I think that dojo.create does more than just creating an element with content. If you're able to pass its result as the 2nd elem of byId, dojo.create should create a Document that dojo.byId('elemToExtract', tempDiv) is able to parse. the api says it has to be a Document. I can create a tempDocument with a div Element with content(innerHTML)=response. The problem is that the element I add will contain only text and it doesn't have a structure that is parsable by dojo.byId –  mickthompson Sep 8 '09 at 15:21
    
This solution won't work because the second argument to dojo.byId has to be a document, not a node (which is what dojo.create returns). –  seth Sep 8 '09 at 16:42
    
I confess that I didn't test the solution and so I didn't see the mistakes. I elaborated a solution which is almost identical to Seth's, with the exception that mine doesn't use hidden elements. I think it may be interesting, so I posted it as an edit to my answer. I hope this is not considered an abuse. –  Massimiliano Fliri Sep 8 '09 at 19:41

The problem with this is that dojo.byId expects a document for the second argument. Another problem is that the ID is not 'known' until the element is placed in the DOM. (I may be wrong on this last point and/or it may depend on browsers. In experiments I performed, dojo.byId didn't return anything until the HTML was in the DOM.)

That being said, you could accomplish what you want by placing the data returned by your ajax call in a hidden element and then using dojo.query on it.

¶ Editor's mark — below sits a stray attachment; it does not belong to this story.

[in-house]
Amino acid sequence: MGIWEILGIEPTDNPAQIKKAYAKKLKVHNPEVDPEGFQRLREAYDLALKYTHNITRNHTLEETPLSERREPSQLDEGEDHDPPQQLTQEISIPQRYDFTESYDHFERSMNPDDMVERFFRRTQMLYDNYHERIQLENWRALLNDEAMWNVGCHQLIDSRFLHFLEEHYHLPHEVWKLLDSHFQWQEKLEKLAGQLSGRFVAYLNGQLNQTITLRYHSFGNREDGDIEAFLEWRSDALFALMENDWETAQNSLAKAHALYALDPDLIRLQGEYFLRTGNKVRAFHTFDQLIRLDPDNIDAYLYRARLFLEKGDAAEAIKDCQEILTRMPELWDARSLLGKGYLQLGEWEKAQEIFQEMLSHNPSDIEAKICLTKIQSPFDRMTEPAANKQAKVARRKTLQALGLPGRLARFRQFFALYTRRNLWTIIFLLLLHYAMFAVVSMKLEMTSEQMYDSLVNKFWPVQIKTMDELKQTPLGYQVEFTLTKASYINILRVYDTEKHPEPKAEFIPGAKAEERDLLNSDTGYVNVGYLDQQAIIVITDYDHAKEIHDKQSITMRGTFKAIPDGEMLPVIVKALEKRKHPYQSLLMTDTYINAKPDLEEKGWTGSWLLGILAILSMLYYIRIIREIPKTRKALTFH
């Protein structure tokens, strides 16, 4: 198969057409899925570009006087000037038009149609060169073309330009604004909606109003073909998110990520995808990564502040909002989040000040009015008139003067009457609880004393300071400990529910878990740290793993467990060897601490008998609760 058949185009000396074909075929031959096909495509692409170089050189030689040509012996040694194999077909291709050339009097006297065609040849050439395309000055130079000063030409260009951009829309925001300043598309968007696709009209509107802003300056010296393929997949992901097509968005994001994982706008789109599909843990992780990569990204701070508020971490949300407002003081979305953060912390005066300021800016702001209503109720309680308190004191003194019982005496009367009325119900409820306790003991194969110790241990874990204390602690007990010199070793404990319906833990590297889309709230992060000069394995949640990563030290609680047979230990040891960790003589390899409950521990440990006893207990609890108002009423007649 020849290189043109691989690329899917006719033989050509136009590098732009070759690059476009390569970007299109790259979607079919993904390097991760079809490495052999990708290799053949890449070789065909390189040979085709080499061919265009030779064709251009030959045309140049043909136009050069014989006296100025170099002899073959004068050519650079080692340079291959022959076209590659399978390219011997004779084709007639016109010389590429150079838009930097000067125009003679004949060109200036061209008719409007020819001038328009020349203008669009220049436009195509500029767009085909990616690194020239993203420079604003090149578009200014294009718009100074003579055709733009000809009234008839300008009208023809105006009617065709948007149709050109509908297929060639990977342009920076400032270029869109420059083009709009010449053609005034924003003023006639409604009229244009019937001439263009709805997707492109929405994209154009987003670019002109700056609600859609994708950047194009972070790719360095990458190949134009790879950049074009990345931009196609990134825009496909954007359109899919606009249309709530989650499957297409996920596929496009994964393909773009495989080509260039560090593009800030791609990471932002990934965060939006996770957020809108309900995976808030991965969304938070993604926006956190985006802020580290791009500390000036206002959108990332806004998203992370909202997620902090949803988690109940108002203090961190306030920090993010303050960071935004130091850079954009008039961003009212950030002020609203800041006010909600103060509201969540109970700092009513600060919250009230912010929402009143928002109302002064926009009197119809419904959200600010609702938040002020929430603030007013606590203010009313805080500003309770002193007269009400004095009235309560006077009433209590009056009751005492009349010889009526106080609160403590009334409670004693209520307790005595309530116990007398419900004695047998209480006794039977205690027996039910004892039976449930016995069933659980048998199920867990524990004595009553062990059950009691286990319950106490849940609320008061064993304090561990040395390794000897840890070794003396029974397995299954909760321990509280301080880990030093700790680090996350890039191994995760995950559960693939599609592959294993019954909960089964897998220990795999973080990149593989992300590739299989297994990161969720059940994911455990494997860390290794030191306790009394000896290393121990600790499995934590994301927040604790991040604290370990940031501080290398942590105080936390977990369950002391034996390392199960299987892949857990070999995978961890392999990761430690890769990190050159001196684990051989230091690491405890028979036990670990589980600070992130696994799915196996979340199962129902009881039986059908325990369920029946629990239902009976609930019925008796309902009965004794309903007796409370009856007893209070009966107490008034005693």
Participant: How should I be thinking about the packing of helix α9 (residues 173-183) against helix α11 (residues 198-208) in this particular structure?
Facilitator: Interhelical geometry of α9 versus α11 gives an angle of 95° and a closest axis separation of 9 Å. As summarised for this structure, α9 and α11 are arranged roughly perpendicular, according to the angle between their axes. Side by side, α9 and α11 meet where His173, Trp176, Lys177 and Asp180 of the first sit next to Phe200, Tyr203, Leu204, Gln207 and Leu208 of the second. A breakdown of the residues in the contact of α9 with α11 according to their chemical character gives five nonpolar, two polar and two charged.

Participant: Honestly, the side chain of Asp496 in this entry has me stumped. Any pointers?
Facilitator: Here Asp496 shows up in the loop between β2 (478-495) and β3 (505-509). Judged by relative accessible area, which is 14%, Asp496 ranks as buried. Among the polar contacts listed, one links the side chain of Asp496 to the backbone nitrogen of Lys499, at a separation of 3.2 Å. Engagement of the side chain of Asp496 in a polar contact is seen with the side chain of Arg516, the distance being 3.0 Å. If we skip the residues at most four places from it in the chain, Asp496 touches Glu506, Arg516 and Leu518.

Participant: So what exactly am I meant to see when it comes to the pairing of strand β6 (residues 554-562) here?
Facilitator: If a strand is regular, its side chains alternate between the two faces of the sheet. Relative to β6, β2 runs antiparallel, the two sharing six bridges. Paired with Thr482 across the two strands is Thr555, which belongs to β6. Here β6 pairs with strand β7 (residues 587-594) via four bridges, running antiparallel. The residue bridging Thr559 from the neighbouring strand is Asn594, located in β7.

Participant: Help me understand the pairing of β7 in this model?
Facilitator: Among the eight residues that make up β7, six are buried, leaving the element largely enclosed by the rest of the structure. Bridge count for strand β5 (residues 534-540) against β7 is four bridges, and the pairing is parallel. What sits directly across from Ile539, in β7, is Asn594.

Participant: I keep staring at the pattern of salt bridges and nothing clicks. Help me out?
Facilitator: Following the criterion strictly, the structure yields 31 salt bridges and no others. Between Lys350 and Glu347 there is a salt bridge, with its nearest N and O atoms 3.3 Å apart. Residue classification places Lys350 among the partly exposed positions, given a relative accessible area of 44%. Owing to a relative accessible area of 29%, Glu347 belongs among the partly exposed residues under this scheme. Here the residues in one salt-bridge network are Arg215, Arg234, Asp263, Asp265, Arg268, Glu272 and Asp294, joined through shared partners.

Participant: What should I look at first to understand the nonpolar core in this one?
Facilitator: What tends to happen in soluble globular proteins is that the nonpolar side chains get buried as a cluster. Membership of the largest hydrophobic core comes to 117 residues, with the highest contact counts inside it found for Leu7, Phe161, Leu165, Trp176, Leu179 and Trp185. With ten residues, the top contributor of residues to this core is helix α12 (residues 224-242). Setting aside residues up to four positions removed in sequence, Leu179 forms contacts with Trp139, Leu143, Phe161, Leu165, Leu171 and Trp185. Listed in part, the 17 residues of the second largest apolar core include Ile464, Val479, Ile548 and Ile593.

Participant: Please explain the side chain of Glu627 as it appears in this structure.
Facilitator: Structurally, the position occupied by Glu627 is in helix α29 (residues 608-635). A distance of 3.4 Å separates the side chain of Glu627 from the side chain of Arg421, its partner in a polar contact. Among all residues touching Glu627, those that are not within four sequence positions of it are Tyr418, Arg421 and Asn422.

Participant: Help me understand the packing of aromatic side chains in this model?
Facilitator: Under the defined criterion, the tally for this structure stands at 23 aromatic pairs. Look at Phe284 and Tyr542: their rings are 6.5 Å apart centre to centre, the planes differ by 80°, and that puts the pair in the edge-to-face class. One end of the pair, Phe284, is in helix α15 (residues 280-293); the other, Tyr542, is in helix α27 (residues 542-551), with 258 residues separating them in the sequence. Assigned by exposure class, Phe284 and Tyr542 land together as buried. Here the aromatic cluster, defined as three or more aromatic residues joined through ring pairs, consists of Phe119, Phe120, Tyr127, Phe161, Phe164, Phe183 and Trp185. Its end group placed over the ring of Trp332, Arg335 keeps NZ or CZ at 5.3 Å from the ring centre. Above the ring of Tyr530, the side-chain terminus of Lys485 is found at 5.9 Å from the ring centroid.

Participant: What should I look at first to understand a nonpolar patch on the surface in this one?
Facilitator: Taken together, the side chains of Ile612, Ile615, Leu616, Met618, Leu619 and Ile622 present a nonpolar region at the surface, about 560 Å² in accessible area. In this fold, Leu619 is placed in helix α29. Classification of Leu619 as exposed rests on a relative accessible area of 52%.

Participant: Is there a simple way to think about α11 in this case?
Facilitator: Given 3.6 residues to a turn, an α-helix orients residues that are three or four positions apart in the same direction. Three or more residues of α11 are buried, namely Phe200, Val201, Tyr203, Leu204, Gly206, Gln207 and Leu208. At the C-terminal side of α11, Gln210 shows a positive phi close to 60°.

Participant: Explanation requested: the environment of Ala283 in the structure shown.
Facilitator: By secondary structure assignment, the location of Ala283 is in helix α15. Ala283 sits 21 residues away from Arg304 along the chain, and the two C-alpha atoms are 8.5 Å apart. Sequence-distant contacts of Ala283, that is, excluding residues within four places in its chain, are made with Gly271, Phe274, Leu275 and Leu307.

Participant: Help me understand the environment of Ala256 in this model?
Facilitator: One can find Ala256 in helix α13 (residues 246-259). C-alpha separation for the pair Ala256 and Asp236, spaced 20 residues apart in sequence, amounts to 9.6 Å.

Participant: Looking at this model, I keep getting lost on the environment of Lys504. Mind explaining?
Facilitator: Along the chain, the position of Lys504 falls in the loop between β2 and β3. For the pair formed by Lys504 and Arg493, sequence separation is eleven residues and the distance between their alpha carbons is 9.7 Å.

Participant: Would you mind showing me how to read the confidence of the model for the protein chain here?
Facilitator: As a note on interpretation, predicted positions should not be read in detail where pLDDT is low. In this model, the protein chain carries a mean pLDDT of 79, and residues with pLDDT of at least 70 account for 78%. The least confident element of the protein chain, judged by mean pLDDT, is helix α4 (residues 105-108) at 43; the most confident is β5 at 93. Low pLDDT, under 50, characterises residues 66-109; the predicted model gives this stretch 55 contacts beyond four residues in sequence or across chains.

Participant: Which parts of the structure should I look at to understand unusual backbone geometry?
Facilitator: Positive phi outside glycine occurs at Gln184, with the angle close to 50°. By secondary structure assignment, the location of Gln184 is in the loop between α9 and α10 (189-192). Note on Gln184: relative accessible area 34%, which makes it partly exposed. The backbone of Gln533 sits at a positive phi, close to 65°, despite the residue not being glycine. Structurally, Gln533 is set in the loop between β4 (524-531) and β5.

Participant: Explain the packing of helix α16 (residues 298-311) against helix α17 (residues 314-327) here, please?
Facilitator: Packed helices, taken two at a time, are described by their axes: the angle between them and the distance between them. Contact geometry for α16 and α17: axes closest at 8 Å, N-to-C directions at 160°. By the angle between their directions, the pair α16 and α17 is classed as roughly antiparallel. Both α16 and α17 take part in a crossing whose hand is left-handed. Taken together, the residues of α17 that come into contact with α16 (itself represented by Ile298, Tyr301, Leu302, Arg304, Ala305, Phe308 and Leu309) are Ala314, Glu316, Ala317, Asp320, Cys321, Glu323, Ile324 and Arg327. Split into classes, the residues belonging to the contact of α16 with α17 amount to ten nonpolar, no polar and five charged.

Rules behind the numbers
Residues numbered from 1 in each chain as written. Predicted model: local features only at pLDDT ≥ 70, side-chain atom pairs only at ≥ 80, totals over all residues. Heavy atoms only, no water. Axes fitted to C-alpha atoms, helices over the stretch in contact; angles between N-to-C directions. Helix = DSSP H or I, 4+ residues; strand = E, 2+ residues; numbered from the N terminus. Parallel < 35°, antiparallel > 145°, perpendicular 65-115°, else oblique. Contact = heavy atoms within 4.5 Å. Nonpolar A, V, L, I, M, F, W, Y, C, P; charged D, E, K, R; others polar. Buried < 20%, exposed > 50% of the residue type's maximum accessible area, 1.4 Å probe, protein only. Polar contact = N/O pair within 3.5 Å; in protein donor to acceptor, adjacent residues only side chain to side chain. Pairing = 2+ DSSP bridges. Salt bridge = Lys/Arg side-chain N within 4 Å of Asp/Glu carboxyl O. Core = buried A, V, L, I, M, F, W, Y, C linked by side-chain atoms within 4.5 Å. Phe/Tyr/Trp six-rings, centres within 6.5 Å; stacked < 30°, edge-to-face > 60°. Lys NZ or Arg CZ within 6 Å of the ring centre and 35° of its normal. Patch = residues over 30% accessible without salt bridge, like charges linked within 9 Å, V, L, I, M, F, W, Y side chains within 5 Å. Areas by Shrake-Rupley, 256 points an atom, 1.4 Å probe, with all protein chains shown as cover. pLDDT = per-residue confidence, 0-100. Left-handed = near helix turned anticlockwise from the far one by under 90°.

Assuming you have this in your HTML:

Then your xhrGet looks like this:

dojo.xhrGet( { 
    url: 'http://jsbin.com/erawu',
    handleAs: 'text',
    load: function(data) {
       var storage = dojo.byId('storage');
       storage.innerHTML = data;
       var want = dojo.query('#iwant', storage )[0];  // or dojo.query(...).forEach(...)
       if (want) {
          dojo.byId('hello').innerHTML = want.innerHTML;
          // depending on what you want
          // you could also use dojo.place( want, dojo.byId('hello'), 'first')
       }
    },
    error: function() {
        console.log( arguments );
        console.error('ONOES!');
    }
});

Here's a working example using dojo 1.2.

share|improve this answer
    
I noticed too that querying with the id selector fails until you place the elements in the actual DOM of the page. But you can work around testing the id with an attribute selector. Hope you find it useful. –  Massimiliano Fliri Sep 8 '09 at 19:48
up vote 0 down vote accepted

Max & seth.. thanks a lot!

At the end the solution is based on what Massimiliano suggested.

I adapted it to dojo 1.2.3 (as this vers. is missing the dojo.empty() function as well). "results[0].innerHTML" needs to be called to extract the dom from the dojo variable. Then, without calling empty(), I can replace directly the innerHTML of the target "updateDiv"

The key point here is the ability of dojo.query() to query a tree passing a domNode as a context (sorry...I'm new to dojo).

load: function(response){
      var tempDiv = document.createElement("div");
      tempDiv.innerHTML = response;
      var results = dojo.query("[id=elemToExtract]", tempDiv);
      updateDiv.innerHTML = results[0].innerHTML;
      wireEvents();
      return response;
 },

I'm not sure why but the check "if (results.length) {" is giving problems on runtime. If I debug the JS I think I'm adding some delay and it works ok. The problem is on runtime, it seems that the condition is evaluated to false...I'm not sure why

Thank you again